Today, when various commentators decry the crisis of trust in media, institutions, and national community that besets American discourse, they often hearken to an era in which widespread trust in media and institutions provided some sort of shared foundation for truth. But this narrative is too simplistic and obscures the historical development of media as producers of shared truth rather than impartial conduits of it. Now that we see a proliferation of platforms on which people can articulate various discordant views, it has become common to point to these platforms as the death knell for democracy rather than prompting us to consider the ways in which a wide array of voices on all sides of the social, cultural, and political spectrum had previously been obscured or made otherwise illegible at the level of national discourse. In other words, one might argue that the sense of national uniformity from which we have purportedly fallen has only ever been tenuous, if not entirely imaginary. Further, the notion that our most fundamental task as a nation is to return to a moment in which we all have a shared sense of truth buoyed by unfailing trust in media and institutions suggests a lack of attention to a number of key episodes from the last several decades of American political history.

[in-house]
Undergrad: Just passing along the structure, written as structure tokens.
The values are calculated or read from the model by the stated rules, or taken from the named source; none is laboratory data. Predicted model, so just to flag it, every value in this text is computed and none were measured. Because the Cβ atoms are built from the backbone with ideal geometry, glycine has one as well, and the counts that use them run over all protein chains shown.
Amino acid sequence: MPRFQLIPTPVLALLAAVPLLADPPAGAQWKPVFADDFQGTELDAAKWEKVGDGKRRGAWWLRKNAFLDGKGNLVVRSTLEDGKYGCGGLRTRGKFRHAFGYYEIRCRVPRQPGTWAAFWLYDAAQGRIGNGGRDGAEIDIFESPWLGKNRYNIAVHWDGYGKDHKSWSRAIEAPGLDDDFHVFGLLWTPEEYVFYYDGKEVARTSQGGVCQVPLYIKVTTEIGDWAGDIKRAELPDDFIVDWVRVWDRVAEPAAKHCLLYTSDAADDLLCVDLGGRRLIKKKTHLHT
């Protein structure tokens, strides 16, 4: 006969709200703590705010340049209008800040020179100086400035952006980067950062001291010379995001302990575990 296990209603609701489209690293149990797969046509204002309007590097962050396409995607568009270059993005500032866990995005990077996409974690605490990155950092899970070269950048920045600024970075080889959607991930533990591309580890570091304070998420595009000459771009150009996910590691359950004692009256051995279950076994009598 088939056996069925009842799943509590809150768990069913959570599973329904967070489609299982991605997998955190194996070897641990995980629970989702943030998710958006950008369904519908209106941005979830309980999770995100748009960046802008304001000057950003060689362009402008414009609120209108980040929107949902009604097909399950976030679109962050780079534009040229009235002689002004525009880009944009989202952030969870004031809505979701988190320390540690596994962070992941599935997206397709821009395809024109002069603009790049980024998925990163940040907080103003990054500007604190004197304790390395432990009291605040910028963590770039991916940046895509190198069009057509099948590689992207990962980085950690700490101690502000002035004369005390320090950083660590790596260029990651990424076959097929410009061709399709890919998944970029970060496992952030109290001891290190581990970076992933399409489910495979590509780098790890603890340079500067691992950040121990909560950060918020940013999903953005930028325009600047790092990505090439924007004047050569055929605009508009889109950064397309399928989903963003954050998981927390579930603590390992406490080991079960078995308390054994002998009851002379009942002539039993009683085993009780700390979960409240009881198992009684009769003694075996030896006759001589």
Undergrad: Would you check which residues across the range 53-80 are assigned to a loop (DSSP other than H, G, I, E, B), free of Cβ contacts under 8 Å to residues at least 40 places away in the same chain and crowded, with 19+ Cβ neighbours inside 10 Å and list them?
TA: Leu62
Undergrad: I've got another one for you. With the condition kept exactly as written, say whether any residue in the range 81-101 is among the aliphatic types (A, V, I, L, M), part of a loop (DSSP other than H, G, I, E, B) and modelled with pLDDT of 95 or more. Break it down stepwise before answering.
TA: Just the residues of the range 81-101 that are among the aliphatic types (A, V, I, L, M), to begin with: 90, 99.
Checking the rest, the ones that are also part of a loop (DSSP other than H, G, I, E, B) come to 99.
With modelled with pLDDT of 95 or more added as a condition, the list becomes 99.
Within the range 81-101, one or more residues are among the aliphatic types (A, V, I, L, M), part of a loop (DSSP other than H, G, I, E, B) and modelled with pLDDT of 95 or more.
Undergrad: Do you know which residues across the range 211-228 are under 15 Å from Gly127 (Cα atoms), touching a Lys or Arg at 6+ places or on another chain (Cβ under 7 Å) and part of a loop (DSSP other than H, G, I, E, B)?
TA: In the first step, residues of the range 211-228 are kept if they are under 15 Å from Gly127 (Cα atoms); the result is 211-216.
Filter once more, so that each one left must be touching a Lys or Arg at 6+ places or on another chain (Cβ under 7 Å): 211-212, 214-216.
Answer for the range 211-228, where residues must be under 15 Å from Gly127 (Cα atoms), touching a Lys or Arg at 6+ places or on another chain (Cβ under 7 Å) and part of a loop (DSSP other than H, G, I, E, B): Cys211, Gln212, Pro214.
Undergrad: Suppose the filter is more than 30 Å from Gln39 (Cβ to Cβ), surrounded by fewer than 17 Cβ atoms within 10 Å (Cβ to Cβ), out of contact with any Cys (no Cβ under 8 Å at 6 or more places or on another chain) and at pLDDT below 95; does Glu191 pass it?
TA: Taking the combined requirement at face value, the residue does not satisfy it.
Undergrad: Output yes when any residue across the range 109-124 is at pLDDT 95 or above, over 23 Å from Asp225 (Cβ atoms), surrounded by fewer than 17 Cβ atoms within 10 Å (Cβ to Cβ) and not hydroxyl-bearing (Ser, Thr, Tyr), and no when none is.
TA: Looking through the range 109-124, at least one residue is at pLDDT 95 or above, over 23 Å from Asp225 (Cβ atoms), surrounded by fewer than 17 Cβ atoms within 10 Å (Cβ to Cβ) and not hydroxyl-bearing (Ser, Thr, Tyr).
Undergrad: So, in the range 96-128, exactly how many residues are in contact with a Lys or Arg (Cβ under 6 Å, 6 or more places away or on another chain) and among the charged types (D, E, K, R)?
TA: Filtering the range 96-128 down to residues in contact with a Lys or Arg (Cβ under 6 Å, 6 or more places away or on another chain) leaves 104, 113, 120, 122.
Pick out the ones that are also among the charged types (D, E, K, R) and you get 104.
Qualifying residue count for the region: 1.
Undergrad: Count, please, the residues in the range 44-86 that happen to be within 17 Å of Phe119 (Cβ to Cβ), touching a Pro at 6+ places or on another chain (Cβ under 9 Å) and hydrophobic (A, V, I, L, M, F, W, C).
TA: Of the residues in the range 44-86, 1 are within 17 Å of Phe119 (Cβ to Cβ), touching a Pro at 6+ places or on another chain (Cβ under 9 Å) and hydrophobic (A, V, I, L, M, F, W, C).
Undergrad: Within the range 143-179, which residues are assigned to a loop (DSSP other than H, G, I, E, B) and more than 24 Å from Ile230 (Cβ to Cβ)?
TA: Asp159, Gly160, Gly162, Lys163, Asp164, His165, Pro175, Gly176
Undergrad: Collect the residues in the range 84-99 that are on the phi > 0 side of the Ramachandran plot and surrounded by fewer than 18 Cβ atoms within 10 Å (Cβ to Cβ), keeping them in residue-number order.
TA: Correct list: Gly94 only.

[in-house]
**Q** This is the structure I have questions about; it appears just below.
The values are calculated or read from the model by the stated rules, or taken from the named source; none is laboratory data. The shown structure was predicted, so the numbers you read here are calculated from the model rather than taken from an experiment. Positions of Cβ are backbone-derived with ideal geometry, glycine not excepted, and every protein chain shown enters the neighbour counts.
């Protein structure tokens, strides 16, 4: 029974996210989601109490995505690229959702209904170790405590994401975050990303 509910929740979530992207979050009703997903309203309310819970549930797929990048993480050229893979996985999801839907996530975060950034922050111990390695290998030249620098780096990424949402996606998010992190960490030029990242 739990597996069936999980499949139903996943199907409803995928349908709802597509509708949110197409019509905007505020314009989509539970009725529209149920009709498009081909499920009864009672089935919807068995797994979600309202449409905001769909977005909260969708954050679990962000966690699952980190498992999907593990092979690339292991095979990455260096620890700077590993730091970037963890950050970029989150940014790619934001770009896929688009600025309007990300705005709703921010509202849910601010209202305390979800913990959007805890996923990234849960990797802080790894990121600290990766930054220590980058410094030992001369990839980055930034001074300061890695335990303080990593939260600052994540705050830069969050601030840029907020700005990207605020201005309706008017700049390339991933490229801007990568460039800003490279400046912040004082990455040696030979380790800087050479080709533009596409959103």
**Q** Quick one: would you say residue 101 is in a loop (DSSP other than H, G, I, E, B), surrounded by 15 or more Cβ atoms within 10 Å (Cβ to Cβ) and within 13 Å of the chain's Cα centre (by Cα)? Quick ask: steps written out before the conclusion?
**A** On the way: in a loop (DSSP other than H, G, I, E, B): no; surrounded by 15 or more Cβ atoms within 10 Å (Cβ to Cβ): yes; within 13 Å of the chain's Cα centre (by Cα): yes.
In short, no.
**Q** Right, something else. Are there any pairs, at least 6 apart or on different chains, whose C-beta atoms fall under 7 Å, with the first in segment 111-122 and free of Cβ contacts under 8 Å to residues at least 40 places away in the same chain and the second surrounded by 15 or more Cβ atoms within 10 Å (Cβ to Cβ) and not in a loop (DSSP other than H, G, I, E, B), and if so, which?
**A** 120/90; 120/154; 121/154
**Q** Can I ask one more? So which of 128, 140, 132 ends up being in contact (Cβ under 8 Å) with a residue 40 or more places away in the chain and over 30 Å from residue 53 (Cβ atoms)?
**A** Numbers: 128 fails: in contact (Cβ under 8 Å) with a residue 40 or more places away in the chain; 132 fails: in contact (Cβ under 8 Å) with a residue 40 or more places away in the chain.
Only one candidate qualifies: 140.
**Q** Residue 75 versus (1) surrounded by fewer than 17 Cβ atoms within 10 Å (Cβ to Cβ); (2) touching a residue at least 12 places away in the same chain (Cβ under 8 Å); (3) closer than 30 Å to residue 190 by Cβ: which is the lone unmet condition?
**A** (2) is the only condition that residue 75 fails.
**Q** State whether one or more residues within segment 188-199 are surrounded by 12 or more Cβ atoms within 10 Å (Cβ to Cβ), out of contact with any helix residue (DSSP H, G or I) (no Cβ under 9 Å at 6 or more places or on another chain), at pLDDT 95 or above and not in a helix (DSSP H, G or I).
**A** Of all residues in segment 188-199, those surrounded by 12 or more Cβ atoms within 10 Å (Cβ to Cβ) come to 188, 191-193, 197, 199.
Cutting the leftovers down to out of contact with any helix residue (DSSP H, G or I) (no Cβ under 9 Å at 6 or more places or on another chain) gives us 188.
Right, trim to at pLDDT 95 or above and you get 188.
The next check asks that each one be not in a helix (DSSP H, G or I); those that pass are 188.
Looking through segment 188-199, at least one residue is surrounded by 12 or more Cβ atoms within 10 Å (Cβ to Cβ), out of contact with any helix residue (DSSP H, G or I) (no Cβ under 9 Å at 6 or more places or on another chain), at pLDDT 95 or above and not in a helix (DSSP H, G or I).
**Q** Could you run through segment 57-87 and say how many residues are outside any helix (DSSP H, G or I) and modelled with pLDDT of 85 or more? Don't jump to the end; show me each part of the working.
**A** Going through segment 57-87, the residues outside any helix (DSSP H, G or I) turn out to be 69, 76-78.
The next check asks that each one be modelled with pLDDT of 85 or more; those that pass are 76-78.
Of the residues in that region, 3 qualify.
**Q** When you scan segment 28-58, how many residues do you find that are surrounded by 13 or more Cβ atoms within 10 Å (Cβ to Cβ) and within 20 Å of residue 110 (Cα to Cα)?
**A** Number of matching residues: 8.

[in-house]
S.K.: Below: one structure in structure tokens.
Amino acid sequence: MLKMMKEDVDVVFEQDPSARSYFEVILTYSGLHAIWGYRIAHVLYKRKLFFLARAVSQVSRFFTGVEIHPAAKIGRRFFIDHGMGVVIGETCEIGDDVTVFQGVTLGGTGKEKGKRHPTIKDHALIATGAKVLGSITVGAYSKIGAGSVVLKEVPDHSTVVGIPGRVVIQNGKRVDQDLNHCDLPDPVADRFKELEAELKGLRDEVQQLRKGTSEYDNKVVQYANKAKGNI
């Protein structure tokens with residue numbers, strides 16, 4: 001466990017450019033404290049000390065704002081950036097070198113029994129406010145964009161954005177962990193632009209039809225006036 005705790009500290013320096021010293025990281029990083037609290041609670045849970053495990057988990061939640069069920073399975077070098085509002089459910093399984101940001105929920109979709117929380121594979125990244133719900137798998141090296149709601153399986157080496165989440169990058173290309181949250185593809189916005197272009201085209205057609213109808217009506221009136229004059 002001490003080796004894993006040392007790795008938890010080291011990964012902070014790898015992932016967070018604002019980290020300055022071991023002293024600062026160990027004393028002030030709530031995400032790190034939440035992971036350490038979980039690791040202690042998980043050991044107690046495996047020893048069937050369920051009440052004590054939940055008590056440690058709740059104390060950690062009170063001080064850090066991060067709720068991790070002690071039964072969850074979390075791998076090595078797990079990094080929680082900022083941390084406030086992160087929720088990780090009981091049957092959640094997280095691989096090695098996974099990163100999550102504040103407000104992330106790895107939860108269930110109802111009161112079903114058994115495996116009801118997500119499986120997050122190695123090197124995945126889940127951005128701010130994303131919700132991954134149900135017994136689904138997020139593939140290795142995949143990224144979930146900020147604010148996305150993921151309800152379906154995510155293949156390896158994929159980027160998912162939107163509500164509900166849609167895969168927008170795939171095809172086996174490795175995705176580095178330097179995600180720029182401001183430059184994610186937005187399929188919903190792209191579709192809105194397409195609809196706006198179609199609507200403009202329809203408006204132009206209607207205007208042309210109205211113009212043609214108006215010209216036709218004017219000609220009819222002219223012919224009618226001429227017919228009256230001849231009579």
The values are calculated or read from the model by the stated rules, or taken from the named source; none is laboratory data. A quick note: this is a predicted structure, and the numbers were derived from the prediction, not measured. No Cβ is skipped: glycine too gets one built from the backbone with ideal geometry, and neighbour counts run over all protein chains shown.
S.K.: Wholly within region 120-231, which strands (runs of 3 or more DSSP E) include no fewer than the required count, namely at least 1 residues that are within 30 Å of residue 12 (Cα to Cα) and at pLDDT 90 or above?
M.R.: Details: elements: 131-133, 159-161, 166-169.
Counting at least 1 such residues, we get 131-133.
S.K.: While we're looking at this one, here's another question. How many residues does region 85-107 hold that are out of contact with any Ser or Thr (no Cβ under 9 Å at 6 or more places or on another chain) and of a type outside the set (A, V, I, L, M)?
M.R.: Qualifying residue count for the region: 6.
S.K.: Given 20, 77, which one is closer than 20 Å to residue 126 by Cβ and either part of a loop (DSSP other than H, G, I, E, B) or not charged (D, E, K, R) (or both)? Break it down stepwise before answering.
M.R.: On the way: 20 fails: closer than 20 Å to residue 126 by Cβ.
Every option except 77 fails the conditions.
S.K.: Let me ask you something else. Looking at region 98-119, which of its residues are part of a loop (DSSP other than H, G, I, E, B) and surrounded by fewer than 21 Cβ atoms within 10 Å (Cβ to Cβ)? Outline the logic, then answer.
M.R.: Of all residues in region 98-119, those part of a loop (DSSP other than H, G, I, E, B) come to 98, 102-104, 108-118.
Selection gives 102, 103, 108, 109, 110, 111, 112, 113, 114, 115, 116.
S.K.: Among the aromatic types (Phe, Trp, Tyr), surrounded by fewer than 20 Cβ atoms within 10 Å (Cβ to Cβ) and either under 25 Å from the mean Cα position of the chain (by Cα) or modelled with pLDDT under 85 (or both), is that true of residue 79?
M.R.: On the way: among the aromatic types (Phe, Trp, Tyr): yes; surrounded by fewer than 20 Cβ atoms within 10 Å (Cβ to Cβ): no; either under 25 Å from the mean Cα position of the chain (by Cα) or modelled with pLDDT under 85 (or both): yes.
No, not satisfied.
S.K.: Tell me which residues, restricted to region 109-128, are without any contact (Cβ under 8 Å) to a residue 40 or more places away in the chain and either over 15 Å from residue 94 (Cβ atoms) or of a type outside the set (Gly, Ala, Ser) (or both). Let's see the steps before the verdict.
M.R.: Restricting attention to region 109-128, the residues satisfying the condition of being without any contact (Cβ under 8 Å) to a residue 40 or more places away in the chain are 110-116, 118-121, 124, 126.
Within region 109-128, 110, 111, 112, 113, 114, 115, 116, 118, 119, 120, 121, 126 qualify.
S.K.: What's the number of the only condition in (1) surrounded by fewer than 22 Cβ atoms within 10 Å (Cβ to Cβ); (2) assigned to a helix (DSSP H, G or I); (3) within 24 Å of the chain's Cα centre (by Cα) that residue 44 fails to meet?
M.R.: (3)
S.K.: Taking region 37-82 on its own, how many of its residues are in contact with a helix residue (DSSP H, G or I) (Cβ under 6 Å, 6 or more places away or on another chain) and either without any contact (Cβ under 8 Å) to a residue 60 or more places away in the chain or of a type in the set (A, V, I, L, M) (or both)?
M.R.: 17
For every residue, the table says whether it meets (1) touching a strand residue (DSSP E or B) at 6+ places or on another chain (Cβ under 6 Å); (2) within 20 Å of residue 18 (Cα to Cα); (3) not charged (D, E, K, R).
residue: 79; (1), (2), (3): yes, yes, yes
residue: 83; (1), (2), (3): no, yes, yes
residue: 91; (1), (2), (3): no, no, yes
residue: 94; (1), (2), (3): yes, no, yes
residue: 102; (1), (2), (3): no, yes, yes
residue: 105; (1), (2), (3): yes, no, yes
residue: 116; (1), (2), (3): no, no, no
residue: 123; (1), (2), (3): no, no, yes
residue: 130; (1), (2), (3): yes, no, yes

From COINTELPRO and Watergate, to Enron and Iraqi "Weapons of Mass Destruction," to Vioxx and the Facebook Papers, the events of the last several decades have ushered in mounting levels of distrust in institutions across the political spectrum. In light of the revelations disclosed in each of these episodes and others, one might conclude that the oft-decried crisis of trust in media and institutions may stem, at least in part, from repeated instances in which our institutions and media platforms have actively eroded their own trustworthiness.